Tuesday, November 3, 2009

Killer trains of South Asia

The transport infrastructure in South Asia is precarious, inadequate, and getting worse over time.  Traffic accidents are rampant.  In the past couple of days alone, three train accidents have killed 35 commuters in India and Pakistan.

The rail infrastructure in South Asia is indeed precarious. Indian railways is marred with a very high accident rate that has caused the death of thousands of commuters over the years. The Indian railways, however claims that its safety record has been improving over the years.

On November 03, 2009, a train ran over six passengers who were trying to cross a railway track in the town of Patudi near New Delhi. Hours earlier (Nov. 03), two trains collided in Karachi, Pakistan, killing 14 commuters.  The accident in Pakistan apparently resulted from driver error.

Source: Dawn, Accident took place in a suburb of Karachi, Pakistan’s most populous city.

Another accident on November 2 in India involved a passenger train that collided with a truck resulting in the death of 14 commuters at an unmanned railway crossing in Uttar Pardesh.

Earlier in October 2009, yet another accident near the Taj Mahal involving  two trains killed 22 commuters. According to the reports, the locomotive of one train ran into a carriage reserved for women and the disabled in the other train.

Source: MSNBC, Accident site near the Taj Mahal in India

Also in October 2009, an overhead under construction bridge collapsed over a train killing two, while injuring numerous others near Mumbai.

While accidents involving trains are rampant in India, Indian railways claims improvement in traffic safety and a decline in accident rates.  The safety adviser to Indian railways, Mr. Kamlesh Gupta, suggested that the number of accidents have declined from 415 in 2001-02 to 177 in 2008-09.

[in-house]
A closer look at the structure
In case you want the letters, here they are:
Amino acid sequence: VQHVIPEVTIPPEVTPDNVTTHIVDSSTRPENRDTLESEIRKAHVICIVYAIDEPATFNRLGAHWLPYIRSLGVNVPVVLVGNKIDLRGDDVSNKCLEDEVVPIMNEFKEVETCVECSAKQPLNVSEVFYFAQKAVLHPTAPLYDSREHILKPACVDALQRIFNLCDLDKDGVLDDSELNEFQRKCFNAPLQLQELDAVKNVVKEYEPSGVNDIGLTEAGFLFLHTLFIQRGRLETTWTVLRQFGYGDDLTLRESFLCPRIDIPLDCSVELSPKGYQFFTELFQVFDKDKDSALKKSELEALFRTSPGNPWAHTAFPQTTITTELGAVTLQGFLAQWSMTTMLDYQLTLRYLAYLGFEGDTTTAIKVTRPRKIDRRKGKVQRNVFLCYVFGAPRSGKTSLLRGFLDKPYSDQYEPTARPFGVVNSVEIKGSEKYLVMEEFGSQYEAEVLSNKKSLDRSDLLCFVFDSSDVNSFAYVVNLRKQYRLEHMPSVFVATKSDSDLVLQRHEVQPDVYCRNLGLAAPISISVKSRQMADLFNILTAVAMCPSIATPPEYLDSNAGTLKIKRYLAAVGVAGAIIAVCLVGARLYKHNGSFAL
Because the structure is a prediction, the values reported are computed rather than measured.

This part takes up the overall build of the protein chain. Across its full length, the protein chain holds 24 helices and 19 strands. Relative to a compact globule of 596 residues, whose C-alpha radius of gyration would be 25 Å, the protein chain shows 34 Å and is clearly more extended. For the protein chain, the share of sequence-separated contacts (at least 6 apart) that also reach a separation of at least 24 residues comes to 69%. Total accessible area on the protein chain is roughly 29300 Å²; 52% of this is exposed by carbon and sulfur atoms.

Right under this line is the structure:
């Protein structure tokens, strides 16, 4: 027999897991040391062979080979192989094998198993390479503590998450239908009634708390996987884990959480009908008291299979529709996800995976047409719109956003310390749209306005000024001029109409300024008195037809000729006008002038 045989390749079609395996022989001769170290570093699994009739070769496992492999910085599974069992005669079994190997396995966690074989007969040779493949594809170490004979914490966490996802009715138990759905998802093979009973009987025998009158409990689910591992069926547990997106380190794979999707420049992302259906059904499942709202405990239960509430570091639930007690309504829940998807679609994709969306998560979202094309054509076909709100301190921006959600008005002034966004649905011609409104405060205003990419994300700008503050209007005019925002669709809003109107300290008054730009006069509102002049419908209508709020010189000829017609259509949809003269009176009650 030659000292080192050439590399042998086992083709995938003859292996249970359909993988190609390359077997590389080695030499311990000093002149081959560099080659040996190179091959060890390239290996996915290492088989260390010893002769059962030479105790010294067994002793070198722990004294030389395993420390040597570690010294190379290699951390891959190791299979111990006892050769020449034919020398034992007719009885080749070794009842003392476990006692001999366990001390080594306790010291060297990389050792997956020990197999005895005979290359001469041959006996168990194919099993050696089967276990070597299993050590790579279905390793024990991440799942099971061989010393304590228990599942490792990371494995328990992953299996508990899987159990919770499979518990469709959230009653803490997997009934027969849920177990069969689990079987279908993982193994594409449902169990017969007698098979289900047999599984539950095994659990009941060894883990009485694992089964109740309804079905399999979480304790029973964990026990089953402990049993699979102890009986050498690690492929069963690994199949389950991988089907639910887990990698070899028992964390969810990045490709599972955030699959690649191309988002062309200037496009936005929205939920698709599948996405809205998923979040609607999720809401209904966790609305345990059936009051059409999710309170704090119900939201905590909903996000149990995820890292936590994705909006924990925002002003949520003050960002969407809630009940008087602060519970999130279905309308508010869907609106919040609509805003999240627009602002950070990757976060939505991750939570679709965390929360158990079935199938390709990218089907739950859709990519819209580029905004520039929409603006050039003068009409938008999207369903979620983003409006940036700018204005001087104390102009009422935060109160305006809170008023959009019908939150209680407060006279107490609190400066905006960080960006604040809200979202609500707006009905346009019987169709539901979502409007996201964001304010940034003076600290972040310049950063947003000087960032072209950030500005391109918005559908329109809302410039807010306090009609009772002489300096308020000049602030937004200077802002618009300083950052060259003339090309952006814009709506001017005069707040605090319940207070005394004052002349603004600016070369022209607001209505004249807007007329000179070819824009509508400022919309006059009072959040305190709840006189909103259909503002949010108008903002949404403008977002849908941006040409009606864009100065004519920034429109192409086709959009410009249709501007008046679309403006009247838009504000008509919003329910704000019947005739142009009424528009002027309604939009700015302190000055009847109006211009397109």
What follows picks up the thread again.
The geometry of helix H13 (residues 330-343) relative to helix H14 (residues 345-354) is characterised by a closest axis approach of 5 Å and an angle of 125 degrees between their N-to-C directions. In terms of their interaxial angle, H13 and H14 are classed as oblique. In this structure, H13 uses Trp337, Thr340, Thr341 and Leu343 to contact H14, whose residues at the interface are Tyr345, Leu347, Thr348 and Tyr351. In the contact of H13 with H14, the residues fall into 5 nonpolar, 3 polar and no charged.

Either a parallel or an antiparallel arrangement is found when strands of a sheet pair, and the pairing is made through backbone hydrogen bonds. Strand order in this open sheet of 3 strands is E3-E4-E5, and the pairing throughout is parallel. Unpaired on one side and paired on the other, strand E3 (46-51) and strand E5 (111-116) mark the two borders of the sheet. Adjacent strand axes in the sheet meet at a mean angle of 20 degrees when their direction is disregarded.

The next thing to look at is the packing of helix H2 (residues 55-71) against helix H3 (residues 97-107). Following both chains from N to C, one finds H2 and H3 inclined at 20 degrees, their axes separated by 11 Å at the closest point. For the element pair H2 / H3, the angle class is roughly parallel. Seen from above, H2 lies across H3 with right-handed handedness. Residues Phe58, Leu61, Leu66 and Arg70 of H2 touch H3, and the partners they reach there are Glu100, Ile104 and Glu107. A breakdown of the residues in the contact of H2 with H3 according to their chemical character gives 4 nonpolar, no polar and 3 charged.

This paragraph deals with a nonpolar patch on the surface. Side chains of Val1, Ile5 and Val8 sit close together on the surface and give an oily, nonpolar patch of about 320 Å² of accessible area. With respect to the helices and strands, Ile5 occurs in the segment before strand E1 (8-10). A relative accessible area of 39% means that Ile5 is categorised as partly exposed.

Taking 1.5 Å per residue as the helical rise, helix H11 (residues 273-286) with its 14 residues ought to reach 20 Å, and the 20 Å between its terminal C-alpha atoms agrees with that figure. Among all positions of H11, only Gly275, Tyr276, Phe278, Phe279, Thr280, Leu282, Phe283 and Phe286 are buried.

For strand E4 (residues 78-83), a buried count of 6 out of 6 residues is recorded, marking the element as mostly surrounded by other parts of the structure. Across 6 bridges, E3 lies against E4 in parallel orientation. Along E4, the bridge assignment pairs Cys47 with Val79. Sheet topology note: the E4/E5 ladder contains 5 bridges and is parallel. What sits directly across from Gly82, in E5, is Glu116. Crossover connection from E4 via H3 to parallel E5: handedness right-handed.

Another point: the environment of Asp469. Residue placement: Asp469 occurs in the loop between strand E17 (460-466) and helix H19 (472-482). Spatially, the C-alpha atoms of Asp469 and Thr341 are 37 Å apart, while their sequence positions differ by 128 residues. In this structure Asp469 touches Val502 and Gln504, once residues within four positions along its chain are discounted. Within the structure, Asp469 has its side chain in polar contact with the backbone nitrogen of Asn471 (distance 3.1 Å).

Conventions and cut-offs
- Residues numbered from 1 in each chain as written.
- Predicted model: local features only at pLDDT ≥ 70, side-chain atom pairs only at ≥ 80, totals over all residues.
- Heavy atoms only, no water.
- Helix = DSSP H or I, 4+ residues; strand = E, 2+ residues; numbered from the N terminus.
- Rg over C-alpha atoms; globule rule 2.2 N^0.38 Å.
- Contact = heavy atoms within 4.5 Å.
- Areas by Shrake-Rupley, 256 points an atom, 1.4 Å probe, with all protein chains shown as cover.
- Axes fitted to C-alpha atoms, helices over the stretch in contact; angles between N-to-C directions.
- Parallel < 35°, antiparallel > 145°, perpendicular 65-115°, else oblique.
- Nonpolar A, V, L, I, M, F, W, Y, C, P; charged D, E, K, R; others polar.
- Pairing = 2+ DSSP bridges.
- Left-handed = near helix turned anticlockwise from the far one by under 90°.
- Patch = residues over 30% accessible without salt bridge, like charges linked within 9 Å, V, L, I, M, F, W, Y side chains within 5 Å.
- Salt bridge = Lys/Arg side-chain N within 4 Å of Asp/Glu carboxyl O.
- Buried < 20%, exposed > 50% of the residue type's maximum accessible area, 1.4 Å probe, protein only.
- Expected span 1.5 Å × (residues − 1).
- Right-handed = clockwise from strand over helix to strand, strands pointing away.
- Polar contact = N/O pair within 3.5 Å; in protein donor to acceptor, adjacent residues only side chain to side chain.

Year Accidents
2001-02 415
2002-03 351
2003-04 325
2004-05 234
2005-06 195
2006-07 XXX
2007-08 194
2008-09 177

While the decline in accidents may be true, yet the frequency of train accidents is till too high to celebrate success.

According to a report on traffic injury prevention, which was sponsored by World Health Organization and The World Bank, the estimated number of deaths resulting from roadside accidents is around 1.2 million.  Another 50 million individuals are reportedly injured in such accidents.  A large number of those killed or injured in roadside accidents in the developing countries are poor individuals and more likely to be the sole breadwinners for their households. 


Traffic safety is a public health concern in the developing countries.  It is incumbent upon the policy makers in South Asia in particular to assign priority to proving traffic safety because it contributes to poverty and other complications that result from it.

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